It's quite easy to make a map. Even if you can't draw. Simply sketch in a few lines on a piece of paper, identify some important intersections and checkpoints, and that's it. For indicating directions or the location of a place, such a map will probably serve as well as the Esso variety from the local gas station. Maybe even better, since it will be less cluttered with irrelevant material.
The basic consideration about all such maps is the utilitarian function. We use them because we want to know where we are, or where we are going to. Rarely, if ever, does the map give any indication of what the land itself really looks like. It merely relates places to other places.
No Colors Needed
For many professional cartographers, however, this is not enough. In their maps, they want to show the actual configuration of the territory. To give these true pictures of the earth's surface, cartographers do not have to rely on some color scheme, with different colors representing different heights. With sufficient time, skill, and patience, they can actually sketch into the map the various mountains, valleys, and other land formations.
It is this more scholarly approach which typifies the map-making of Erwin Raisz, a former lecturer in Cartography at the University and one of the world's foremost experts in so-called landform maps. Geology, geography, and history departments at universities throughout the country order maps from him, as do various government agencies in Washington.
A resident of Cambridge, Raisz has traveled in every state in the United States, every province in Canada, every country in Europe, and in Turkey, Arabia, Mexico, Cuba, Alaska, and the Canadian Arctic. For his actual map-making, he uses aerial photographs, large collections of which are available both in this country and abroad. He particularly likes those taken with a trimetrogon camera--really three cameras in one. They are mounted so that one camera takes a picture straight downward, while the two others take pictures obliquely left and right from horizon to horizon with a small overlap.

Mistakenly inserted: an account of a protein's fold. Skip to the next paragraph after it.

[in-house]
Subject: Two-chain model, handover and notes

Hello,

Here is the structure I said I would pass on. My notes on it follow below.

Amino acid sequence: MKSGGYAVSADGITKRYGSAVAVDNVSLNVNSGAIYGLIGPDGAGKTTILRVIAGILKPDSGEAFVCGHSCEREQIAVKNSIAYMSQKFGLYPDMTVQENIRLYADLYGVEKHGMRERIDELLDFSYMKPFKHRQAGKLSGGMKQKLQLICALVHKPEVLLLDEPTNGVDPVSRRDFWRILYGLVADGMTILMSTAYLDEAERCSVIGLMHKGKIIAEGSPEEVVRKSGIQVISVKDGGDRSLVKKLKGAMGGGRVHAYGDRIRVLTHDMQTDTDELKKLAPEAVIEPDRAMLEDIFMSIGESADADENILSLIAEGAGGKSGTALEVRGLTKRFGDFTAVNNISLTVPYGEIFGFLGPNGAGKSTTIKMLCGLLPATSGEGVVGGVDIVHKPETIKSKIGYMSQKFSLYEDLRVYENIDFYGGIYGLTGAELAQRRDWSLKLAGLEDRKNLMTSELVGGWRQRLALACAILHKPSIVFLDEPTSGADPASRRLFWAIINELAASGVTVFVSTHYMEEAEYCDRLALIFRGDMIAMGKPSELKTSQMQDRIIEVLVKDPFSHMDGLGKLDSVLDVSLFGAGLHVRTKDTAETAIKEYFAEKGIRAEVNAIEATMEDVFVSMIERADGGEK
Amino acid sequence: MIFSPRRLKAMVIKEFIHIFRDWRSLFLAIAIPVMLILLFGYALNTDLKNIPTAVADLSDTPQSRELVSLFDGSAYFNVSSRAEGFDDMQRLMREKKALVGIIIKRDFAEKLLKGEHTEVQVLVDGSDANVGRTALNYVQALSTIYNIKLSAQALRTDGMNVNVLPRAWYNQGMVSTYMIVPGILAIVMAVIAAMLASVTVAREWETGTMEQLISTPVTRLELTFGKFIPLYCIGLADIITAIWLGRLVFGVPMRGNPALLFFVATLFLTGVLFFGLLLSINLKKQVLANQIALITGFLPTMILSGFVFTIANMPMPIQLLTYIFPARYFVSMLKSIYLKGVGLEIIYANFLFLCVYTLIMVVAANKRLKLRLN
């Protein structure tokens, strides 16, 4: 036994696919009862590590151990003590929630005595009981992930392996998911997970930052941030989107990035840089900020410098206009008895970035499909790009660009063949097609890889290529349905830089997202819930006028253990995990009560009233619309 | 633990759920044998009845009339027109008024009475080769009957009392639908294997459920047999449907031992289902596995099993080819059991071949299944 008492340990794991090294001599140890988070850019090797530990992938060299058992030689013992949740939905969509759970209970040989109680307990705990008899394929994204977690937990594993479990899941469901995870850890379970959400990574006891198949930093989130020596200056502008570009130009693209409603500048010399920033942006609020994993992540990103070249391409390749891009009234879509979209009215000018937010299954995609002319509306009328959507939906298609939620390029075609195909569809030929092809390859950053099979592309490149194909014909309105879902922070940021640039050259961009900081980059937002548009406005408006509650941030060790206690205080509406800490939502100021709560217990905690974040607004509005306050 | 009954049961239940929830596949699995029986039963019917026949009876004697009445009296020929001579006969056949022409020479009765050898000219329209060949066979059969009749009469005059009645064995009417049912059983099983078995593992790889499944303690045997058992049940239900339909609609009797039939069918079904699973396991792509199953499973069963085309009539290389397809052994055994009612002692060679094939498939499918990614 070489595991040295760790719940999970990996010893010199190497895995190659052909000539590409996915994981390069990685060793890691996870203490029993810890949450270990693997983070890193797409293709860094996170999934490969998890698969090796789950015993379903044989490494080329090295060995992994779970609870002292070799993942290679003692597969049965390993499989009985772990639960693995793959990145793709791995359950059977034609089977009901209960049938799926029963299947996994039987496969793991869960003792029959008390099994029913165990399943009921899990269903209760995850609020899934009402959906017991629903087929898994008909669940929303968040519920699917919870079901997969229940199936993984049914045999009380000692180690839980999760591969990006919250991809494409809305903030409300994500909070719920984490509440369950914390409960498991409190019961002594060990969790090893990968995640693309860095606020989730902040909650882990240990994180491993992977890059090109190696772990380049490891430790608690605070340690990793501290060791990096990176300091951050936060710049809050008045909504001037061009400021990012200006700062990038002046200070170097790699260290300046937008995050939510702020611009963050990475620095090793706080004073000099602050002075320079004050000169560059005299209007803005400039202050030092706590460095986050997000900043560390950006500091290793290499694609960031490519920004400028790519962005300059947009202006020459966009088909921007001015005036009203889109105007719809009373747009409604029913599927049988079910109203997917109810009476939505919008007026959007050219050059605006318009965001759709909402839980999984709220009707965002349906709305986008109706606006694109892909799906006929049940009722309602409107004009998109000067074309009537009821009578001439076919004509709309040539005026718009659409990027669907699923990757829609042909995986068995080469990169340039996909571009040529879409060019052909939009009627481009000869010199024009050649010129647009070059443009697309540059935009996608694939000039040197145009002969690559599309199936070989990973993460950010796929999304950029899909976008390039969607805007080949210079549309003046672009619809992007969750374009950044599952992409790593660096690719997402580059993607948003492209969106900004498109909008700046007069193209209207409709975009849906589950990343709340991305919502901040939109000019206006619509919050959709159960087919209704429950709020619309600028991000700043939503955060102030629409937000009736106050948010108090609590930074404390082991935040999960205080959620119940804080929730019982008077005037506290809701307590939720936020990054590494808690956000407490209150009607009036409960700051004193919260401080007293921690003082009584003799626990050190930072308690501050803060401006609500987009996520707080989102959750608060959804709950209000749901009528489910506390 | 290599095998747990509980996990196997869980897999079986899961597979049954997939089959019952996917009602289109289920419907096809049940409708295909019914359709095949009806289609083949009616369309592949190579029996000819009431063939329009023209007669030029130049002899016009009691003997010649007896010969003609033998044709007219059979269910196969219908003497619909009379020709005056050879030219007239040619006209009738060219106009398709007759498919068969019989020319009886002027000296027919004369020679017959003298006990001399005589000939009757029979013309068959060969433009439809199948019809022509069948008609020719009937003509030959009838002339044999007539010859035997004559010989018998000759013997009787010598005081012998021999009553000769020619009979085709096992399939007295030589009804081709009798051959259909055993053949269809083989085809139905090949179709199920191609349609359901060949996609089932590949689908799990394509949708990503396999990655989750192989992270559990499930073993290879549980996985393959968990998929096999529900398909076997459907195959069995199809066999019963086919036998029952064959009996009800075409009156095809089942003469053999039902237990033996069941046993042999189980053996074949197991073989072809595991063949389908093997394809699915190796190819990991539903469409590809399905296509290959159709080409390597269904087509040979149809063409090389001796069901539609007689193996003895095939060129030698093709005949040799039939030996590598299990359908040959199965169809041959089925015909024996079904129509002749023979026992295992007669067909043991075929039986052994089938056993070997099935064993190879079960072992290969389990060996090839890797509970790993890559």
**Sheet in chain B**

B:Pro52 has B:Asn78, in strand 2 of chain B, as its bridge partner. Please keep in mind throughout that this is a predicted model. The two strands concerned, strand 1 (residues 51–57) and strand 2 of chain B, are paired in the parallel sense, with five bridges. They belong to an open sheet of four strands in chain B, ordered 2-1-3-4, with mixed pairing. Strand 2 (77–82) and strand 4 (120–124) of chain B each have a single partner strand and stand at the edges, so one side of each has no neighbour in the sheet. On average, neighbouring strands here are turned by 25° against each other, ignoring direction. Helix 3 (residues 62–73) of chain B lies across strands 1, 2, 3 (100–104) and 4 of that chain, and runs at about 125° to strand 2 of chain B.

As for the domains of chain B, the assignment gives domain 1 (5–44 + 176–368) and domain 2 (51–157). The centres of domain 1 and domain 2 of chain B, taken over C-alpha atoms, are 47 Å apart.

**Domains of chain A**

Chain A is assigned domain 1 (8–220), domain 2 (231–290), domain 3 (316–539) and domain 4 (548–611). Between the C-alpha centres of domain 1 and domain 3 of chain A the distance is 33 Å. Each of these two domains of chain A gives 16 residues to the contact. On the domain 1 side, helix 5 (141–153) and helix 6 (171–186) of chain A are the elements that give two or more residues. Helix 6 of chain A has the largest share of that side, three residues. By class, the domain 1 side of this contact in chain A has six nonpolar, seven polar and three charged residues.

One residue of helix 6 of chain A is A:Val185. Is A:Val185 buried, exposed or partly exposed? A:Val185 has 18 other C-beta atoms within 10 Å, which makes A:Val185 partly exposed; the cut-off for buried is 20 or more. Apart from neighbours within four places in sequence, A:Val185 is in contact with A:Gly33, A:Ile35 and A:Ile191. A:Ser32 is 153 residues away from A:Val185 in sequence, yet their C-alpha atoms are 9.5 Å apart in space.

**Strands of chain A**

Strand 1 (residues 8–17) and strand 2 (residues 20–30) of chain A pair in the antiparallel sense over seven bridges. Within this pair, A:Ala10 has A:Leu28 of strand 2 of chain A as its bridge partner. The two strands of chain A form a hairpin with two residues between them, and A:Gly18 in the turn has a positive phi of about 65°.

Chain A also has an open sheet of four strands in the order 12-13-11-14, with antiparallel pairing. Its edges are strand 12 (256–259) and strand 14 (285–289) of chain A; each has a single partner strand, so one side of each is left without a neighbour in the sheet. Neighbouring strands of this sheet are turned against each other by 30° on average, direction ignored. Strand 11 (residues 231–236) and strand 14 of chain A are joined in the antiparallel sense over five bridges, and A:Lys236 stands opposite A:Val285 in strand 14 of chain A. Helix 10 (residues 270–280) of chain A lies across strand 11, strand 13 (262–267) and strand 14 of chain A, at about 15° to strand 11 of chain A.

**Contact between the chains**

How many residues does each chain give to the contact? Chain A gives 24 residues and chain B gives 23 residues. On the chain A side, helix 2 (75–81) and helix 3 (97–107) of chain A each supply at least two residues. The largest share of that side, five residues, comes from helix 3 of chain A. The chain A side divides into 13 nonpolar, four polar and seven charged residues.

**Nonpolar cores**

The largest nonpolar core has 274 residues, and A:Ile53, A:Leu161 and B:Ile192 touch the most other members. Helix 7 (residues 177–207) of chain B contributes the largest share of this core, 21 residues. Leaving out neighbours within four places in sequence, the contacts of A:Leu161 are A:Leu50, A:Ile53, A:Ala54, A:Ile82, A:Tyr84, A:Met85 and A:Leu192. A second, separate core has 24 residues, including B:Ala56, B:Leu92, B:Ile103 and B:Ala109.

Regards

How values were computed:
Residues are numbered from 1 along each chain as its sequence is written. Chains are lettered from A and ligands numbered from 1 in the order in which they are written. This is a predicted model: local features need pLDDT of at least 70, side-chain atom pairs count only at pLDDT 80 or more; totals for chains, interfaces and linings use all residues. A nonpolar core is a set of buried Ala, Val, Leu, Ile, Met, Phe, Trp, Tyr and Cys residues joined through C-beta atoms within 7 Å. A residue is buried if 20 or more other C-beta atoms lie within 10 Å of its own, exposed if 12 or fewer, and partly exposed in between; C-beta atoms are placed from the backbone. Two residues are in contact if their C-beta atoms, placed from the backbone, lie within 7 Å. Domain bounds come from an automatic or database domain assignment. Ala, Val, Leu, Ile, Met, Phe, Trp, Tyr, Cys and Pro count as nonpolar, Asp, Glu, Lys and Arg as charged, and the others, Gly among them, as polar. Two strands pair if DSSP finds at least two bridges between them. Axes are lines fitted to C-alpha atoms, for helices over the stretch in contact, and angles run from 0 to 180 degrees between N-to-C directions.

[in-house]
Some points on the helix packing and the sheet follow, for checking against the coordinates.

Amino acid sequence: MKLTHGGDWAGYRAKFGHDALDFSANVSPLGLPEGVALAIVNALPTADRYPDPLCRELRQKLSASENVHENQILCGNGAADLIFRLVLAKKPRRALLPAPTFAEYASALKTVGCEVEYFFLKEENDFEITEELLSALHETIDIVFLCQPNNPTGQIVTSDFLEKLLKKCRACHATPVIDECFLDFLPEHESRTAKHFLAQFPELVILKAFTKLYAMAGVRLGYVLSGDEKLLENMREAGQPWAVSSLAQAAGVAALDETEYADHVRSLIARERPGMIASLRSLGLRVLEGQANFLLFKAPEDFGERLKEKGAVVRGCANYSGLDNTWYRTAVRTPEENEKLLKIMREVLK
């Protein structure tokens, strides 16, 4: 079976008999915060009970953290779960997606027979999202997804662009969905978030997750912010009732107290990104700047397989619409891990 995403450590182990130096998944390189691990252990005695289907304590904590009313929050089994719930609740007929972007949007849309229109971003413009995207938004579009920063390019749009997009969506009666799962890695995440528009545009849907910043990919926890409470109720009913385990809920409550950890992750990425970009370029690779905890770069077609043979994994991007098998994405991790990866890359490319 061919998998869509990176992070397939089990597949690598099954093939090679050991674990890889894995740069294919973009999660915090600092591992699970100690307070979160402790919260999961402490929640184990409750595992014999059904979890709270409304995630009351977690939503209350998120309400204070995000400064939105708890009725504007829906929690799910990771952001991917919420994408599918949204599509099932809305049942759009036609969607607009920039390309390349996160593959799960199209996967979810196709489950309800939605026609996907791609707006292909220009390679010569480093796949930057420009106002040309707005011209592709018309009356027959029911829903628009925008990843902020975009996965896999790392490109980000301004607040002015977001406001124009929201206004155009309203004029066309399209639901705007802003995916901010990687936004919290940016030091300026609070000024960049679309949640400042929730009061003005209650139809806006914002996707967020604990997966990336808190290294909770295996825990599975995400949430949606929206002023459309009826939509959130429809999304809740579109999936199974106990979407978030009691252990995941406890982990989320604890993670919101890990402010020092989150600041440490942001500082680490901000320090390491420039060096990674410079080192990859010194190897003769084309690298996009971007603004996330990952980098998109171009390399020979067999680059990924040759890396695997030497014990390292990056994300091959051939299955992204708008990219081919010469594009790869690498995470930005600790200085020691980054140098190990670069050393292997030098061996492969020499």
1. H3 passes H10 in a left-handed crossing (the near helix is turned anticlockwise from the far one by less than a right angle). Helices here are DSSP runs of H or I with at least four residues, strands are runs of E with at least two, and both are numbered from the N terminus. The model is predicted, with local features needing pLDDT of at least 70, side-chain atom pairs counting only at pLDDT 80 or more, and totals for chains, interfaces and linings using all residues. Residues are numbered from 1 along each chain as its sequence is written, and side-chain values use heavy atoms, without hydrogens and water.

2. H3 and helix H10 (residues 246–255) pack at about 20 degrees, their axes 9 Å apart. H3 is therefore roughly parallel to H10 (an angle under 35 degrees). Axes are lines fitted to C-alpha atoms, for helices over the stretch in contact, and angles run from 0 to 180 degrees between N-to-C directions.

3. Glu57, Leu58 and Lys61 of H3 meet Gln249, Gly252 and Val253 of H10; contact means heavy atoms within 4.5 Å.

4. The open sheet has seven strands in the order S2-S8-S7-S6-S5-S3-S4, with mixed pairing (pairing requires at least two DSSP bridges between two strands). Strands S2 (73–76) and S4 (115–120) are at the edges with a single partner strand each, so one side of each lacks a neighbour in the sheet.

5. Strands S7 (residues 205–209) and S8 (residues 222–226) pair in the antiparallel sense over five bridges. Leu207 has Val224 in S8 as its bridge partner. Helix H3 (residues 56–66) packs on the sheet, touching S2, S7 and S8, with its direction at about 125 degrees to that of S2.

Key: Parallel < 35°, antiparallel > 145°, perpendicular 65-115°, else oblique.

When such pictures are being taken, the plane will usually fly at a constant height--about 20,000 feet--and at a constant speed, making parallel flights over a given area about 30 to 50 miles apart. With the additional aid of various types of land surveys, Raisz then makes his maps, transferring the material from larger scale maps to smaller ones. One map can--and has--taken him many months to complete.
Raisz is often called upon to undertake special projects. The familiar map of Harvard, for instance, is his work. Last year he did a relief globe of the Earth, six feet in diameter, which he carved from plaster of Paris. It is now being commercially manufactured from rubber. His own particular interest is the "land-type" map, a colored version of the landform. The colors, however, do not represent different heights--they indicate the vegetation and cultivation of the land. This comes closest, he says, to a "true portrait of the face of Mother Earth."
Born in Hungary, Raisz came to this country in 1922. He got his Ph.D. in Geology at Columbia. Then, to support himself, he started making maps for the Geology Department there. Eventually, he started teaching cartography, too. At that time, only Chicago University and West Point, aside from Columbia, offered such a course.
When Hamilton Rice founded the Geographical Institute of Exploration at Harvard, Raisz came here. And he stayed for 20 years, teaching cartography and caring for the Institute's collection of maps ("The largest in New England."). In 1950, three years after President Conant decided to discontinue the Geography Department, Raisz withdrew his support from the Institute, and it closed.
This was the inevitable consequence of Conant's decision which, says Raisz, "was a pitiful thing to do--the very best people were here."
'Got Along Fine'
Since then, Raisz has taught at Clark University, the University of Virginia, and in Rio de Janiero ("I couldn't speak Portuguese--only Spanish--but we got along fine."). This spring he will go to the University of Florda to teach cartography and to work on a state atlas. Soon he intends to do a landform map of Mexico, as well.
Interest in geography is increasing so much that Raisz feels confident land-type maps of the entire Earth will inevitably be made, sooner or later. There are some 75 universities in the United States teaching cartography at present, and the figure is growing.
All of this makes Raisz wonder even more why the University has decided to limit so drastically all courses dealing wtih geography. "Even Yale is building up its geography department," he notes.Knobby Sandstone, Etc. The map on the left is a small segment from Raisz's landform map of North Africa. Raisz uses special symbols for each type of land configuration, such as mountain, dendritic sandstream, dissected plateau, wind-etched limestone, knobby sandstone, lava, etc. Raisz thinks highly of this map. He tried to sell a copy of it to a student in History I62 (Westward Movement) who kept insisting he only wanted a map of the Pacific Northwest. Raisz found this hard to believe, but gave the boy what he wanted, anyway.